The lid of the main sarcophagus was carved with the outline of a human in full armor and helm, clutching a greatsword to its chest and covered in snow, with the head to the east and feet to the west.[9] The lid could be moved easily on hidden tracks toward the feet until the coffin was two-thirds open. It contained the desecrated skeleton of a Deepwinter patriarch and nothing else. If the lid was positioned only 3 inches (7.6 centimeters) from fully closed, it allowed the entire sarcophagus to be rotated until the head of the effigy on the lid pointed north. This revealed a narrow stair going down and west for 20 feet (6.1 meters) and then turning north and widening out to a long stone stairway 10 feet (3 meters) wide that descended some 200 feet (61 meters) vertically and 500 feet (150 meters) horizontally (well under Mhalsymber's Way on the surface) to the foyer of the Dungeon of the Crypt.[10]

Atmosphere[]

Despite the fact that nothing of much value was left in the mausoleum from the original owners, it was apparent that the building got frequent but irregular traffic. The coldness of the forechamber tended to prevent any visitors or gatherings from staying more than a brief time. During the day when the City of the Dead was open to the public, entering the structure likely caused any onlookers to mutter about "tomb robbers", and exiting the building sometimes attracted the attention of curious children that wanted scary tales or trinkets. At night, the City was closed and patrolled, but this did not stop any number of clandestine organizations from entering or exiting the Dungeon of the Crypt.[1]

Activities[]

The Deepwinter Vault was often used for quick, hushed meetings, as a message drop point, a cache for temporarily hiding stolen goods, and a convenient place to dispose of a dead body.[1][9]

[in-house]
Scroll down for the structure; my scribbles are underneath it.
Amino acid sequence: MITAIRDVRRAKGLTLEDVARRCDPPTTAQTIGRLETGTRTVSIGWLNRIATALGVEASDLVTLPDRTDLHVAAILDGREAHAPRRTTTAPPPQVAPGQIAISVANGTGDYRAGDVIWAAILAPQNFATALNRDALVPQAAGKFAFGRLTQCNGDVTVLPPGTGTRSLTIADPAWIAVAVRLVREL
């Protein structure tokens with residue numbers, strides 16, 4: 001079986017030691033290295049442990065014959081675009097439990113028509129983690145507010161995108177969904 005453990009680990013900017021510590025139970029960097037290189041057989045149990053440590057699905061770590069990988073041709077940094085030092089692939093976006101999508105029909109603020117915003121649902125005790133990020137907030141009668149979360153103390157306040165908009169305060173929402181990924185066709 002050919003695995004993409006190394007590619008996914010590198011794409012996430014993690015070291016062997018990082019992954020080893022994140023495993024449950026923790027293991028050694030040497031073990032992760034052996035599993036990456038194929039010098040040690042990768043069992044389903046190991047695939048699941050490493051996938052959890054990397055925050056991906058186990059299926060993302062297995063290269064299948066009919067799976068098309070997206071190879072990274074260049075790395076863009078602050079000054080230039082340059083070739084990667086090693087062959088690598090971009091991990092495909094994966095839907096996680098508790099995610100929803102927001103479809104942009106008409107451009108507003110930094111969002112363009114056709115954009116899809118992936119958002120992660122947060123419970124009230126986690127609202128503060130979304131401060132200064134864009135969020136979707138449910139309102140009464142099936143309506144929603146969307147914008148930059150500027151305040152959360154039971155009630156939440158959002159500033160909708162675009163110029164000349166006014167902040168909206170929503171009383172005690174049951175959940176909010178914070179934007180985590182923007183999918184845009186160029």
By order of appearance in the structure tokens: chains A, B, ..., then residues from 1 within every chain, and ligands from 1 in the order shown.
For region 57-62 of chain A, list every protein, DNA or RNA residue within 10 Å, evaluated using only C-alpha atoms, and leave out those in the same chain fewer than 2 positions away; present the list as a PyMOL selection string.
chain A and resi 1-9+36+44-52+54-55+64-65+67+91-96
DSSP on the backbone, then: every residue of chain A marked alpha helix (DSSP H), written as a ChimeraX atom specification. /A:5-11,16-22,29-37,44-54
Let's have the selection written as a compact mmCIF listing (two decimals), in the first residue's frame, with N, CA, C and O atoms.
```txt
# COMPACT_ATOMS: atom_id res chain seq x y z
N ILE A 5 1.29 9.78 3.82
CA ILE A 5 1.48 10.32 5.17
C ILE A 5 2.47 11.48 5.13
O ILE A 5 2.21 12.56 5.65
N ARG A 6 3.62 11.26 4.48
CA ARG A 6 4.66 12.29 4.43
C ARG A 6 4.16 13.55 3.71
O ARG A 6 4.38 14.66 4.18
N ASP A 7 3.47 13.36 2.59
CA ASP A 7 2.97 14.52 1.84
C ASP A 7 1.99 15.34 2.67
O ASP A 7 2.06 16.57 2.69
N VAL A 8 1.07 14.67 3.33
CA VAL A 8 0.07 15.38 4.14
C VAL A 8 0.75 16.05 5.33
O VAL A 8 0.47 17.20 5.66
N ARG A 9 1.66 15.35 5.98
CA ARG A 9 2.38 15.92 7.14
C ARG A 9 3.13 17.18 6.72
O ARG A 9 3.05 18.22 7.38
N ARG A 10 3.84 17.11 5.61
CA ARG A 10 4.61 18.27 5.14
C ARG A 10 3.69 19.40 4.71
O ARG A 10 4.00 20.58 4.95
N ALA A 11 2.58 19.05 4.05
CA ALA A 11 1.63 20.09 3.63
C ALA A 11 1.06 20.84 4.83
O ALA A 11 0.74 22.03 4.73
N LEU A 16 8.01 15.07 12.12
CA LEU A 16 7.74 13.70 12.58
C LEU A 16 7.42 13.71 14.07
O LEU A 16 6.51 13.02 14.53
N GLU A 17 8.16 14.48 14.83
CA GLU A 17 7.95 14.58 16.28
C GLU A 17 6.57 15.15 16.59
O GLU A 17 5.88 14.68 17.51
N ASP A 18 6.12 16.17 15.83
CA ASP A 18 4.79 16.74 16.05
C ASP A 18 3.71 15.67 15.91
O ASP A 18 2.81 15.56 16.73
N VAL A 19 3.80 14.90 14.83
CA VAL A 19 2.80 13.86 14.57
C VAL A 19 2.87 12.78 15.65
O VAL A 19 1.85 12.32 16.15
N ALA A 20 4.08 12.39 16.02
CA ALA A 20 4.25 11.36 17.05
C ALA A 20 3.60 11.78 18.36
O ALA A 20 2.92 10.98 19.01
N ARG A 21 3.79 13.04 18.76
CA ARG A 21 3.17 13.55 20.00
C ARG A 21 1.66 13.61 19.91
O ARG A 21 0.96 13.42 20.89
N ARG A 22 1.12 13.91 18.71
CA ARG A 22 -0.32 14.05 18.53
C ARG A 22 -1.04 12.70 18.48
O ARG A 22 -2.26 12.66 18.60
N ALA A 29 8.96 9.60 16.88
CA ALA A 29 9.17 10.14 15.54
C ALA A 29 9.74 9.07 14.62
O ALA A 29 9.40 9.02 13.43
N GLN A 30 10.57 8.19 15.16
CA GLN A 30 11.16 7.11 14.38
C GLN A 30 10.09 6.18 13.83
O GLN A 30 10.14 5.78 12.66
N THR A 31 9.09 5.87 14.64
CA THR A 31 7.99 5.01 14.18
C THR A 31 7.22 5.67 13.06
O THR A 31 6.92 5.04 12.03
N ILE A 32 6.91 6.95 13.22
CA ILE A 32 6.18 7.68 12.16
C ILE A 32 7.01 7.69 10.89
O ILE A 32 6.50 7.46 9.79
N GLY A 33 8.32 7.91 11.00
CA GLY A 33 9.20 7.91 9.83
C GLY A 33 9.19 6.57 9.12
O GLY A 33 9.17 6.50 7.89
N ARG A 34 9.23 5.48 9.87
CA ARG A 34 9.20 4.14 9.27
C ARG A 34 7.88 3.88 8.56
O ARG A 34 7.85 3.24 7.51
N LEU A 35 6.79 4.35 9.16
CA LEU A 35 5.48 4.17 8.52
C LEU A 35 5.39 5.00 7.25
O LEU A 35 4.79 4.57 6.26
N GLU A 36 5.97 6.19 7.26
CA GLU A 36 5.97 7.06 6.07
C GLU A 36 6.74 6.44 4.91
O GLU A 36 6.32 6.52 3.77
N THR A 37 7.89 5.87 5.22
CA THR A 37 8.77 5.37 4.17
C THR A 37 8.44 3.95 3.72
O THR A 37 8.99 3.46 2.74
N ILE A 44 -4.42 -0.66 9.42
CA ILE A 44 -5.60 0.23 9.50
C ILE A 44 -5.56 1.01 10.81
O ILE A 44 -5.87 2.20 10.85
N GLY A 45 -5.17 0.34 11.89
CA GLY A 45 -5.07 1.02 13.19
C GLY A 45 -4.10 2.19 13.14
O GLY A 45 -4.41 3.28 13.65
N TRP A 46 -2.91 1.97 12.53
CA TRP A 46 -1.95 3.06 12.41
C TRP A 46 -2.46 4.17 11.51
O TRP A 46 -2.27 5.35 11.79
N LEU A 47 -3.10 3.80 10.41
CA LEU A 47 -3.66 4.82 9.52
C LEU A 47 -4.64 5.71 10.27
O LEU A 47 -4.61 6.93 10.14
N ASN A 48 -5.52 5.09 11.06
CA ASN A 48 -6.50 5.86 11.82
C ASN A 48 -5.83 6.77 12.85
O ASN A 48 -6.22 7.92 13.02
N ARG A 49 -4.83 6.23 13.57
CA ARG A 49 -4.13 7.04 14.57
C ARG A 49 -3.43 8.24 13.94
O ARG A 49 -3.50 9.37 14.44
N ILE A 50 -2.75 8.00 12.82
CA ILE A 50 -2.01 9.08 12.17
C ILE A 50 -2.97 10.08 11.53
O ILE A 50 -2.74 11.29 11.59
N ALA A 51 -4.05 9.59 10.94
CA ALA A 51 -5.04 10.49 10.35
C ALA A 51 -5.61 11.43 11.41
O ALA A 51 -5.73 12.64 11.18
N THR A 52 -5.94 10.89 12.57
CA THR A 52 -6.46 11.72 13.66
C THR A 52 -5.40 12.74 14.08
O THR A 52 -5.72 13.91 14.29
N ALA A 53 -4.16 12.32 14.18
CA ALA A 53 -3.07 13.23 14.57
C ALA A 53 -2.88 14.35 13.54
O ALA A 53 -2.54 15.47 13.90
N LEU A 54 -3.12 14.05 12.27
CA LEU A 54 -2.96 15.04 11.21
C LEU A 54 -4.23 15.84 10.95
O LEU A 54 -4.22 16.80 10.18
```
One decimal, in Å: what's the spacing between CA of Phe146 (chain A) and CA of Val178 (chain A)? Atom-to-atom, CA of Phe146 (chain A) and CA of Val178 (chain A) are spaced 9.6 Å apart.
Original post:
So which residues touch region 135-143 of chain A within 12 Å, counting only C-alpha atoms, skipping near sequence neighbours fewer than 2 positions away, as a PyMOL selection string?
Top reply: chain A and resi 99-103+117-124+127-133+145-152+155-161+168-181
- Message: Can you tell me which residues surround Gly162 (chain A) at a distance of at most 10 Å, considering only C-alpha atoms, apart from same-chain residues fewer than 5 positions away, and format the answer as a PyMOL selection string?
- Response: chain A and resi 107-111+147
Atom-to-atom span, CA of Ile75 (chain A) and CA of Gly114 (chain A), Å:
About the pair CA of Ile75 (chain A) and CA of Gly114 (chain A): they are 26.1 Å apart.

Defenses[]

As of 1372 DR, the wards on the Deepwinter Vault had mostly faded away because no one renewed them. The chilling effect in the forechamber was the last breath of an ancient trap set for intruders.[1]

History[]

The resting place for the noble Deepwinter family was built in the Year of the Gilded Cormorant, 1129 DR when the clan had great wealth and influence. Unbeknownst to them, the surveyor they hired to place the vault was under the domination of the vampire Artor Morlin and he used his influence to get the structure built over the entrance to his extensive underground lair[1] and then killed anyone who had knowledge of it.[11]

Appendix[]

References[]

  1. 1.0 1.1 1.2 1.3 1.4 1.5 1.6 1.7 1.8 1.9 Eric L. Boyd (October 2005). “Vampires of Waterdeep: Dungeon of the Crypt”. Dungeon #127 (Paizo Publishing, LLC), p. 66.
  2. Ed Greenwood and Steven E. Schend (July 1994). “Campaign Guide”. City of Splendors (TSR, Inc), p. 10. ISBN 0-5607-6868-1.
  3. Inside cover included in Ed Greenwood (1987). Waterdeep and the North. (TSR, Inc). ISBN 0-88038-490-5.
  4. Ed Greenwood and Steven E. Schend (July 1994). “Campaign Guide”. City of Splendors (TSR, Inc), p. 9. ISBN 0-5607-6868-1.
  5. Eric L. Boyd (June 2005). City of Splendors: Waterdeep. (Wizards of the Coast), p. 102. ISBN 0-7869-3693-2.
  6. 6.0 6.1 6.2 6.3 6.4 6.5 Eric L. Boyd (October 2005). “Vampires of Waterdeep: Dungeon of the Crypt”. Dungeon #127 (Paizo Publishing, LLC), p. 65.
  7. Eric L. Boyd (June 2005). City of Splendors: Waterdeep. (Wizards of the Coast), pp. 101, 104. ISBN 0-7869-3693-2.
  8. 8.0 8.1 8.2 8.3 Jason Bulmahn, Eric L. Boyd, Keith Baker, Philip Larwood (October 2005). Dungeon #127 Map & Handout Supplement (PDF). Paizo Publishing. p. 17. Archived from the original on 2009-07-11. Retrieved on 2020-11-17.
  9. 9.0 9.1 9.2 Eric L. Boyd (October 2005). “Vampires of Waterdeep: Dungeon of the Crypt”. Dungeon #127 (Paizo Publishing, LLC), p. 67.
  10. Eric L. Boyd (October 2005). “Vampires of Waterdeep: Dungeon of the Crypt”. Dungeon #127 (Paizo Publishing, LLC), p. 68.
  11. Eric L. Boyd (October 2005). “Vampires of Waterdeep: Dungeon of the Crypt”. Dungeon #127 (Paizo Publishing, LLC), p. 63.